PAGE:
We see loose, and even factually incorrect, use of the word ‘event’ in the world of IoT. We are told that IoT devices generate a large number of ‘events’ every day, above all in terms of ‘streaming analytics’ use cases. These ‘IoT events’ are said to result from, for example, the regular, high-frequency temperature and velocity readings of a conveyor belt motor, which are required to facilitate ongoing streaming analytics: a rolling window of time To detect discrepancies between readings. What should be perfectly clear is that the temperature and velocity readings for the same motor should indeed be the same for the most part, meaning that there is generally no “IoT event” between the large majority of related ‘IoT events’. change of state” does not occur. This is why ‘IoT Events’ – unlike EDA-relevant ‘events’ – are generally not even persisted: they are of little or no value outside the time frame that is being analyzed.

All of this may sound quite trivial, but if we can’t even arrive at a general definition for what an ‘event’ is, then we have no chance of clearly defining an ‘event-driven architecture’. Therefore, above and beyond my previous analysis of the three most discussed phenomenon patterns, we must also learn to differentiate.iot telemetry‘ – which generates millions of instantaneously analyzed, non-persistent records from any resulting ‘event’, which in most cases are generated by the respective streaming analytics solutions – not by the IoT devices themselves – of a significant change of state To indicate (for example motor high temperature exceeded). Only the latter would ordinarily be retained; Only the latter are ‘events’.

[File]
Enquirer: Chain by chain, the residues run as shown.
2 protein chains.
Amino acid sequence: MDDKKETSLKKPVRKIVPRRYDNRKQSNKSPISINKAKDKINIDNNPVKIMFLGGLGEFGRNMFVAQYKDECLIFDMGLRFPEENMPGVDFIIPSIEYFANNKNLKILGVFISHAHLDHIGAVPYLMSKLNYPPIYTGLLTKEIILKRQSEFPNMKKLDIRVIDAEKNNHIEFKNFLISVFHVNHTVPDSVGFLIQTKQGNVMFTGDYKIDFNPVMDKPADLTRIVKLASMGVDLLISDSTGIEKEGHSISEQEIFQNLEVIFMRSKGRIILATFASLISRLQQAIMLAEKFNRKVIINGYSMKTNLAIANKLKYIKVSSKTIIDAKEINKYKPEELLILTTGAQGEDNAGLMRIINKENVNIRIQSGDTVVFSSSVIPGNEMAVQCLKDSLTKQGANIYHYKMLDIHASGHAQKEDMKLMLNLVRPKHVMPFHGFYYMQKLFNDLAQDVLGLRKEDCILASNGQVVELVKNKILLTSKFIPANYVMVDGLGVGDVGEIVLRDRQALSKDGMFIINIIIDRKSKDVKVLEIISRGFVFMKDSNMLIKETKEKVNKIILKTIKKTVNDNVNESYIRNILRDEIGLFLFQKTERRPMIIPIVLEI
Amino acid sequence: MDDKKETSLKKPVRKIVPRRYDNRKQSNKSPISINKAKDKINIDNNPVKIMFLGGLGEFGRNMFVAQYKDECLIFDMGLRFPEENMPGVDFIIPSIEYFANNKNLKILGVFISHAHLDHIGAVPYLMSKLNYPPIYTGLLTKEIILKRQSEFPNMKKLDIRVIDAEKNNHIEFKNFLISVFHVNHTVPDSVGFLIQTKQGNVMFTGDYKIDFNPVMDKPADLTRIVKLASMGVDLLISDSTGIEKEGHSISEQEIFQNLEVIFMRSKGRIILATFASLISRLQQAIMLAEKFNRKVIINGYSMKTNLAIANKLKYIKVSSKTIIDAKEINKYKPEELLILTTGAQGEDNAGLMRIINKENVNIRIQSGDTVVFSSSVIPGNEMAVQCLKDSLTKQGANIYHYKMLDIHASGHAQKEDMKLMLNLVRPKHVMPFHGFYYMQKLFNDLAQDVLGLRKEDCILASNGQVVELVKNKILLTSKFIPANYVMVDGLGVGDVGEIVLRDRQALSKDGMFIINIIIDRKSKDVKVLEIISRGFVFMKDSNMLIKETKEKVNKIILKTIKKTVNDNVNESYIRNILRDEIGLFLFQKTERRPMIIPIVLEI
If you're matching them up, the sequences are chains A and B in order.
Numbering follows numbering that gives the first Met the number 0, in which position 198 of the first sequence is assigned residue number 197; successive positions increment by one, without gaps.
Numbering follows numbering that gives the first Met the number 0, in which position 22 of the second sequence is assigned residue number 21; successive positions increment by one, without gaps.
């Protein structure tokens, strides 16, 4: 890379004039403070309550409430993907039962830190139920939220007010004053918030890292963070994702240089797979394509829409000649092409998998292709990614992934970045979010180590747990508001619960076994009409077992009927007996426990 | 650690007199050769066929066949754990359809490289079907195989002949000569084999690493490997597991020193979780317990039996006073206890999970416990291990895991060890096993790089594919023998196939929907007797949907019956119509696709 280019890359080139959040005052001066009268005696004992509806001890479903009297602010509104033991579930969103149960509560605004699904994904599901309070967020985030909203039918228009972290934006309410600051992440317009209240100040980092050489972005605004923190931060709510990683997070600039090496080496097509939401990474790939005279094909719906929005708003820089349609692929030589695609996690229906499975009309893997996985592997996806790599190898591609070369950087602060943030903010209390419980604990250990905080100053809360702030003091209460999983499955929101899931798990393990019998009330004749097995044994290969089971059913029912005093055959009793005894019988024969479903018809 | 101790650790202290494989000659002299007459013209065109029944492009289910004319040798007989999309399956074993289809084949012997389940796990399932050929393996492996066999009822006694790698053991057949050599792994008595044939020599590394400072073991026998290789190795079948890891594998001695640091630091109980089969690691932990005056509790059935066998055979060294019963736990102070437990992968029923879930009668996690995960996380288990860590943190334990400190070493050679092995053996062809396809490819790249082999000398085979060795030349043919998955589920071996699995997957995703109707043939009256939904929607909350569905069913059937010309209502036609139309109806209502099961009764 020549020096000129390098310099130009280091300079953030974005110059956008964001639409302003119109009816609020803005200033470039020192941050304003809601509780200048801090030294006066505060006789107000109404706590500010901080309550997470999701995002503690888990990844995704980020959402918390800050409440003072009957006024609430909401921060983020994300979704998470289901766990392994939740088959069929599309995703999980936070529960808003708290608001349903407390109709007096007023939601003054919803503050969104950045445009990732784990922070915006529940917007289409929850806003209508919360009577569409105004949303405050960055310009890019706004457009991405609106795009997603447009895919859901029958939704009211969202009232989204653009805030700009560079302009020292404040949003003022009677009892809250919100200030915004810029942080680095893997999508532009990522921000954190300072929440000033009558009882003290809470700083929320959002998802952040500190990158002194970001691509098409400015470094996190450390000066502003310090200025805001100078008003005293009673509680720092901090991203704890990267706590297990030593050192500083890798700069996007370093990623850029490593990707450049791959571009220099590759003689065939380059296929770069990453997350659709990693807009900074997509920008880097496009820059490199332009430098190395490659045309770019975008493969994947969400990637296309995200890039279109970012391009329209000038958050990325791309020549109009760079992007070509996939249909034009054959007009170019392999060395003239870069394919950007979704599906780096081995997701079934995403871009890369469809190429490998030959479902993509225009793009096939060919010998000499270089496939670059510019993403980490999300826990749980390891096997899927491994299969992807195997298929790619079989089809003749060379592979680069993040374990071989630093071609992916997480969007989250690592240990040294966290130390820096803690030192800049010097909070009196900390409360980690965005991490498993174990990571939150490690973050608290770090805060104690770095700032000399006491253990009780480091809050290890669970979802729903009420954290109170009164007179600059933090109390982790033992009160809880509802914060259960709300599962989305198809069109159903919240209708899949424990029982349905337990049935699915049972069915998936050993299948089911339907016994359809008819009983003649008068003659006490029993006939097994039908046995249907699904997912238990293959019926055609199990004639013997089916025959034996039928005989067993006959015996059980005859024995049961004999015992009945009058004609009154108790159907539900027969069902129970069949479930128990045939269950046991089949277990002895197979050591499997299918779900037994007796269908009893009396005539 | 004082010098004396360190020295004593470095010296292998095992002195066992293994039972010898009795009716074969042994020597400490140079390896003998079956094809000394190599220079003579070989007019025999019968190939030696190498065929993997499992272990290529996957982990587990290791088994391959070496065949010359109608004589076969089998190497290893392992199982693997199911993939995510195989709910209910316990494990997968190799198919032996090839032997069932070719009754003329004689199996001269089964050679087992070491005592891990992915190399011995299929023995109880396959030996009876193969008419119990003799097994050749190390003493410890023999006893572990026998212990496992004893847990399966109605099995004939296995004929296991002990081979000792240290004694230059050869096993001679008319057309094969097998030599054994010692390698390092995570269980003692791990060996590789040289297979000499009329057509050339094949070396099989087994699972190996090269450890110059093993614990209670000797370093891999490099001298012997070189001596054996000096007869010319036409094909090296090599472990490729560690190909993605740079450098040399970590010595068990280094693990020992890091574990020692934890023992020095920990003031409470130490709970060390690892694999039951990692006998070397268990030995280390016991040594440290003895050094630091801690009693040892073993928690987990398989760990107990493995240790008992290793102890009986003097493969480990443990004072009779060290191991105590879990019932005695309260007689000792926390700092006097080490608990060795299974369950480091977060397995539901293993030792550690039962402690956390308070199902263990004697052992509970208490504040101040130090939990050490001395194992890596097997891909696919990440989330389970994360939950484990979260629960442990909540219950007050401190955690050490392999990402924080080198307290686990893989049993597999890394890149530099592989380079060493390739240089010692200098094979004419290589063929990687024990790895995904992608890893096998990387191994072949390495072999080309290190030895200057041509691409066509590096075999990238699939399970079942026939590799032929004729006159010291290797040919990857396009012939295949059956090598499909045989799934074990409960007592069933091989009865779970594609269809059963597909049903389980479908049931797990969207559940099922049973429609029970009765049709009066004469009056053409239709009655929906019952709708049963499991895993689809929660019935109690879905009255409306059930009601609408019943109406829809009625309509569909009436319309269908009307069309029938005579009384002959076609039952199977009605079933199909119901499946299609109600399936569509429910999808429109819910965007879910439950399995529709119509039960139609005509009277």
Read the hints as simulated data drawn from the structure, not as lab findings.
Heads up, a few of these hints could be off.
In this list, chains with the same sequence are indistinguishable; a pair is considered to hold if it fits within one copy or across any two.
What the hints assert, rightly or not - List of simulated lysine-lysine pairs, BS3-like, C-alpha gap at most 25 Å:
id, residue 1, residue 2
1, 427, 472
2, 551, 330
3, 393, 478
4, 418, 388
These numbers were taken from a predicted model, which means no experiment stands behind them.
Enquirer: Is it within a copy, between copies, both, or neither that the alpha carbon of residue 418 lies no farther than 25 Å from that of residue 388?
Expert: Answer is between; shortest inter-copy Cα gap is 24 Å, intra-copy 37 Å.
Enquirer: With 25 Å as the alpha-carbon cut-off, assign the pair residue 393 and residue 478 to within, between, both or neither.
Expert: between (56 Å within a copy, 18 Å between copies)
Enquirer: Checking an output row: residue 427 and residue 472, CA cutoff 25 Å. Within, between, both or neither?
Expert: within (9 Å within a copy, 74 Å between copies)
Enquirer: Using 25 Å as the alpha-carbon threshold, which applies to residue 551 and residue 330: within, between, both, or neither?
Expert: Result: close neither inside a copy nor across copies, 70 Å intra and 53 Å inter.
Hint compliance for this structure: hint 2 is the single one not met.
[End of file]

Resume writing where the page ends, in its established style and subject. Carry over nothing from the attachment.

In a different, alternative definition of ‘event’ provided by RedHat, we read that “an event is any Important Event or change in state” in a system. This is quite interesting because a “change in state” in itself undoubtedly represents a “critical event”, which suggests that we should also consider any other “critical event” that can be inferred. This makes me think first of all in the world of web development, where we often hear of ‘UI events’. If the user clicks a button to trigger an action, is there a ‘state change’ in the UI? Absolutely not, but it can be said that a “significant event” took place. On the other hand, if the user entered a response in any of the fields shown on the UI, there was actually a change in the state of the UI. Each of these UI examples meets this second Red Hat definition of ‘event’, yet it should be pointed out that a distributed application is not interested in events occurring on an individual user PC rather than in the individual user. Is. Application.

So what about ‘system events’, such as ‘audit events’ when an application user accesses sensitive data or enters the wrong password three times? While each of these examples undoubtedly represents another category of ‘software events’, distributed applications in general are not interested in such events. Given this, we must conclude that the lifeline of EDA – the modern architecture used to build distributed applications – is one and only one type of event: ‘Business Events’ – “the smallest amount of information that can be completely describes a ‘change of state’ in a business entity.